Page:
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Paul G. Stevens

In the World of Labor

(25 May 1940)

From Socialist Appeal, Vol. IV No. 21, 25 May 1940, p. 4.
Transcribed & marked up by Einde O’ Callaghan for the Encyclopaedia of Trotskyism On-Line (ETOL).

Anti-War Militants Answer British Labor Party Bureaucrats

Some time ago we méntioned that the left-wing organization in the British Labor Party adhering to the principles of revolutionary socialism which are also those of the Fourth International, had been banned by the Labor Party bureaucracy. Below we reprint an explanation of this step given by the official organ of the League, The Militant, in its April issue.

“The National Executive of the Labor Party has issued its ukase declaring that membership in the Militant Labor League is incompatible with membership of the party. In taking this decision, the party chiefs did not attempt to discuss the question with the people involved, in spite of the fact that all members of the Militant Labor League are active members of their local Labor parties, many of them holding important positions. The decision of the Executive was taken in a thoroughly bureaucratic manner and recorded in the ‘Labor Press Service’ without a word of explanation.

“In the light of this decision, it is worth while to examine briefly the history and aims of the M.L.L. ... In No. 1 of the Militant we stated:

“‘We therefore call for the immediate creation of a left-wing organization which will include all Labor Party workers who are willing to struggle for a revolutionary program and leadership, an organization which can offer to the workers a clear socialist alternative to the policies of treachery and despair of the existing leadership.’

“‘The M.L.L. stands for working class struggle against all imperialist wars and against all preparations for such wars. ... It calls for the waging of the class struggle both before and during the war for the overthrow of the imperialist government and the seizure of power by the working class.’ (Militant, Nov. 1937).

“This policy declaration has been the keynote of the struggle of the League since its formation ... When war finally broke out last September, the M.L.L. alone in the Labor Party issued a manifesto, which declared the conflict to be one between rival imperialisms, and called upon the workers to concentrate their fire on the enemy at home—the British boss class.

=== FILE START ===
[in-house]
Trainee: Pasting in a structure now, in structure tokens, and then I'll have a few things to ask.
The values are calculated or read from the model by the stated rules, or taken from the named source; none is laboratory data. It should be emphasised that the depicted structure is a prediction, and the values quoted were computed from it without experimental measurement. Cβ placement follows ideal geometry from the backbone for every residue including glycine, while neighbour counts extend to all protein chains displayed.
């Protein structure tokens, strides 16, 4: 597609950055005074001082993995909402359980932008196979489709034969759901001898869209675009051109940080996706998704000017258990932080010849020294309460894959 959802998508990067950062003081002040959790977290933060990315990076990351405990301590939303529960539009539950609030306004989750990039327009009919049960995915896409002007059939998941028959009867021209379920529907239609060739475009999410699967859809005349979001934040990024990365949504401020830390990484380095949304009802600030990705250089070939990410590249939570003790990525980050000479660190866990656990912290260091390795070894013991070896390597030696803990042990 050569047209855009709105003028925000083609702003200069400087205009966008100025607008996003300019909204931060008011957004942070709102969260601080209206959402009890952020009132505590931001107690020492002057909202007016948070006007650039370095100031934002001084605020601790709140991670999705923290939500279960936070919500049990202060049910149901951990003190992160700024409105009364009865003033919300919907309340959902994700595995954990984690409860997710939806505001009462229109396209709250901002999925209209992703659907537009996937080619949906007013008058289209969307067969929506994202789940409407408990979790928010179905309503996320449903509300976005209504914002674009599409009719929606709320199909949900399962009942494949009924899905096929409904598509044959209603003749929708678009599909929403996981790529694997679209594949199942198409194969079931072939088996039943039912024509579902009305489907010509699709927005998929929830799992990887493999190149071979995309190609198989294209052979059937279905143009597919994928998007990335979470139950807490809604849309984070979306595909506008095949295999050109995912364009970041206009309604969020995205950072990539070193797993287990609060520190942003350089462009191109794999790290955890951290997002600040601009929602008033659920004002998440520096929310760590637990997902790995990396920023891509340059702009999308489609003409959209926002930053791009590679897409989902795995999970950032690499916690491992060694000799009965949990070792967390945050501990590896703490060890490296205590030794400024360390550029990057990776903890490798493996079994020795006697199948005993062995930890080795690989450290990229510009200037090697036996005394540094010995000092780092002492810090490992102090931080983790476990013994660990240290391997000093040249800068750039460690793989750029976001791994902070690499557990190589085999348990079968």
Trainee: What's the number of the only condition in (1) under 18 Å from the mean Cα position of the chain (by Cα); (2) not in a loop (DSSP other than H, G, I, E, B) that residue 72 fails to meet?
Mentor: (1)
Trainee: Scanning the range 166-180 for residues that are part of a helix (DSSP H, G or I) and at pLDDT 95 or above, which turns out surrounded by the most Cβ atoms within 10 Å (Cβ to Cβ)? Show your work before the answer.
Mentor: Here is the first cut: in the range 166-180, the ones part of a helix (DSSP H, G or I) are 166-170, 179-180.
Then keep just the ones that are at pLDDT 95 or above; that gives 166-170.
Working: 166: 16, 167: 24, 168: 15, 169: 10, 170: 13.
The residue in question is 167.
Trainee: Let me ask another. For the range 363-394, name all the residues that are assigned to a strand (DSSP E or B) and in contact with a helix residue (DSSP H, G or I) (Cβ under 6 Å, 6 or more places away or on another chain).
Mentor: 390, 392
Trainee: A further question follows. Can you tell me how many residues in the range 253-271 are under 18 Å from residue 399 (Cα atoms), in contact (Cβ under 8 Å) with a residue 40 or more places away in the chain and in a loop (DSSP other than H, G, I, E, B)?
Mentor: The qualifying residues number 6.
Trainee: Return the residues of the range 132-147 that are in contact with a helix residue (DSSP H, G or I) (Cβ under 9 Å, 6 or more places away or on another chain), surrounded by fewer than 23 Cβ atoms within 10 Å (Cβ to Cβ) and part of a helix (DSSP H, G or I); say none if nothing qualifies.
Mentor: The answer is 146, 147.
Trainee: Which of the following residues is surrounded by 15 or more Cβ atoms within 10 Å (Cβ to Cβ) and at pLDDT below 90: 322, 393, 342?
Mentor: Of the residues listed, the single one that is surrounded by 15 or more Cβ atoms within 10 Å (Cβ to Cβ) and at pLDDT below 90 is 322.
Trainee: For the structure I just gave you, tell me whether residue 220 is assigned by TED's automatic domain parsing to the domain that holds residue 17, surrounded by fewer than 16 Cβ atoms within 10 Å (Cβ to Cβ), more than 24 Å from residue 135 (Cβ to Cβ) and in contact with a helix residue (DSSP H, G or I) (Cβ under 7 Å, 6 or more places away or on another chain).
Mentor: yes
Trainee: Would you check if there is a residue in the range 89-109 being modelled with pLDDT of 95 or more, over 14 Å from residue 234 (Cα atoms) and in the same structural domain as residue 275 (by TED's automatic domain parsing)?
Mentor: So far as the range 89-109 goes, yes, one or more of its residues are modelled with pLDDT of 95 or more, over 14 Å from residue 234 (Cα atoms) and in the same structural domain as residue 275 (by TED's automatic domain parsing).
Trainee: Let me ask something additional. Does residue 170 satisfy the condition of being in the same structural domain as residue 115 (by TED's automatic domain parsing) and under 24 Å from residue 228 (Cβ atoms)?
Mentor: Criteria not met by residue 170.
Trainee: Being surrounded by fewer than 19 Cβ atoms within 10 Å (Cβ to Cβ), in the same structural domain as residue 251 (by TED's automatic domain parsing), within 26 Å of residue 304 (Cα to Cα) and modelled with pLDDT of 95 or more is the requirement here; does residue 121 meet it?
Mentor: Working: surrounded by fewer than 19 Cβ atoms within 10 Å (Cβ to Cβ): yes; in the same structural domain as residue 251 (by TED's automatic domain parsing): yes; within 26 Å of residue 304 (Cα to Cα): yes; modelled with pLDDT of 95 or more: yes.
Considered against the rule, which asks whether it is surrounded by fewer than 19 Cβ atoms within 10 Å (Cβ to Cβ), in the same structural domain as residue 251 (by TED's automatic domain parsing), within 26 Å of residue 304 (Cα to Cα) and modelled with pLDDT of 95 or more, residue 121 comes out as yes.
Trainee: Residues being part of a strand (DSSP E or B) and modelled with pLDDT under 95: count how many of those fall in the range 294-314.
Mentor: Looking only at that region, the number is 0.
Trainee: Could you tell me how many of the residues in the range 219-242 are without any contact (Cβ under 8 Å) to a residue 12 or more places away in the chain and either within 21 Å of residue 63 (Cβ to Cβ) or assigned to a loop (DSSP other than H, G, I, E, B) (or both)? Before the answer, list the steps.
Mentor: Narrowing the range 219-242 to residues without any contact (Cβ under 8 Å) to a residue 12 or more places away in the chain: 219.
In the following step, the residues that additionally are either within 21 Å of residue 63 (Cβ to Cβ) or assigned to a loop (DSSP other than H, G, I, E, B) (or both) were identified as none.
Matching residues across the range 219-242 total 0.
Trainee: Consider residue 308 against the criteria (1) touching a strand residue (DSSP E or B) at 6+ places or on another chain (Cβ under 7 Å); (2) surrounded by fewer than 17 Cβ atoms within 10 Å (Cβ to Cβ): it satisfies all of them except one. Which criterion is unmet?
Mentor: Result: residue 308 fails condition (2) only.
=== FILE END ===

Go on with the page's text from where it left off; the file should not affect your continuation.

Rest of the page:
“Small wonder that the National Executive of the Labor Party has issued its ban! As the war progresses and wider sections of the working class see more clearly its reactionary nature, so the base of the Labor bureaucracy narrows. In order to protect their positions so that they may continue to carry out the behests of the capitalist class, they must attempt to smash all genuine socialist opposition in the party. It is not accidental that the M.L.L. is banned at the period when British imperialism plans to extend the war, and talk of further sacrifices in blood and money is in the air ...

“The Labor Party is not the property of the leadership. It was built up by the British working class. We have the same right as Attlee or Greenwood to publicize our point of view, to attempt to influence the party membership by propaganda and struggle. If the membership of the Labor Party supports the leadership in denying us this most elementary democratic right, then it is committing political suicide, and handing over the party, lock, stock and barrel to the bosses ...”

The M.L.L. also sent the following document to national newspapers and left-wing periodicals as a part of the campaign of protest against the Labor Party ban:

“Members of the M.L.L. have recently learned that the Executive Committee of the Labor Party has decided that our organization is not suitable for affiliation to the Party, and that therefore membership of the M.L.L. is incompatible with membership of the Labor Party.

“This news which amounts to a virtual banning of our organization was only obtained from the general press; we were never officially notified, no charges have been made against our conduct, and in fact no specific reasons were given for the ban.

“We emphatically protest against this ban as a denial of democracy and political freedom within the workers’ organization. While working entirely within the Labor Party for a number of years, the M.L.L. has always upheld the right of leftwing opinion to be heard, and we shall not accept lightly this Gestapo-like attempt by the official leadership to brush aside all forms of democratic freedom within the Labor Party in an effort to crush honest political criticism of their policy.”

Working Women Against the War

From another British labor paper, dated May 1940, we take the following item:

“The 201 delegates to the Conference on Women in Wartime held in London on April 20th, have given a fine militant lead to all the millions of toil-worn women of this country. The everyday struggle ‘to make ends meet’ expressed itself in the recognition of the fact that this war is in no way in the interest of the working class.

“In passing resolutions condemning the war, and at the same time urging that the struggle for the elementary interests of the working class should in no way be relinquished, the women delegate are clearly moving along the road to the only conclusive opposition to the war.”

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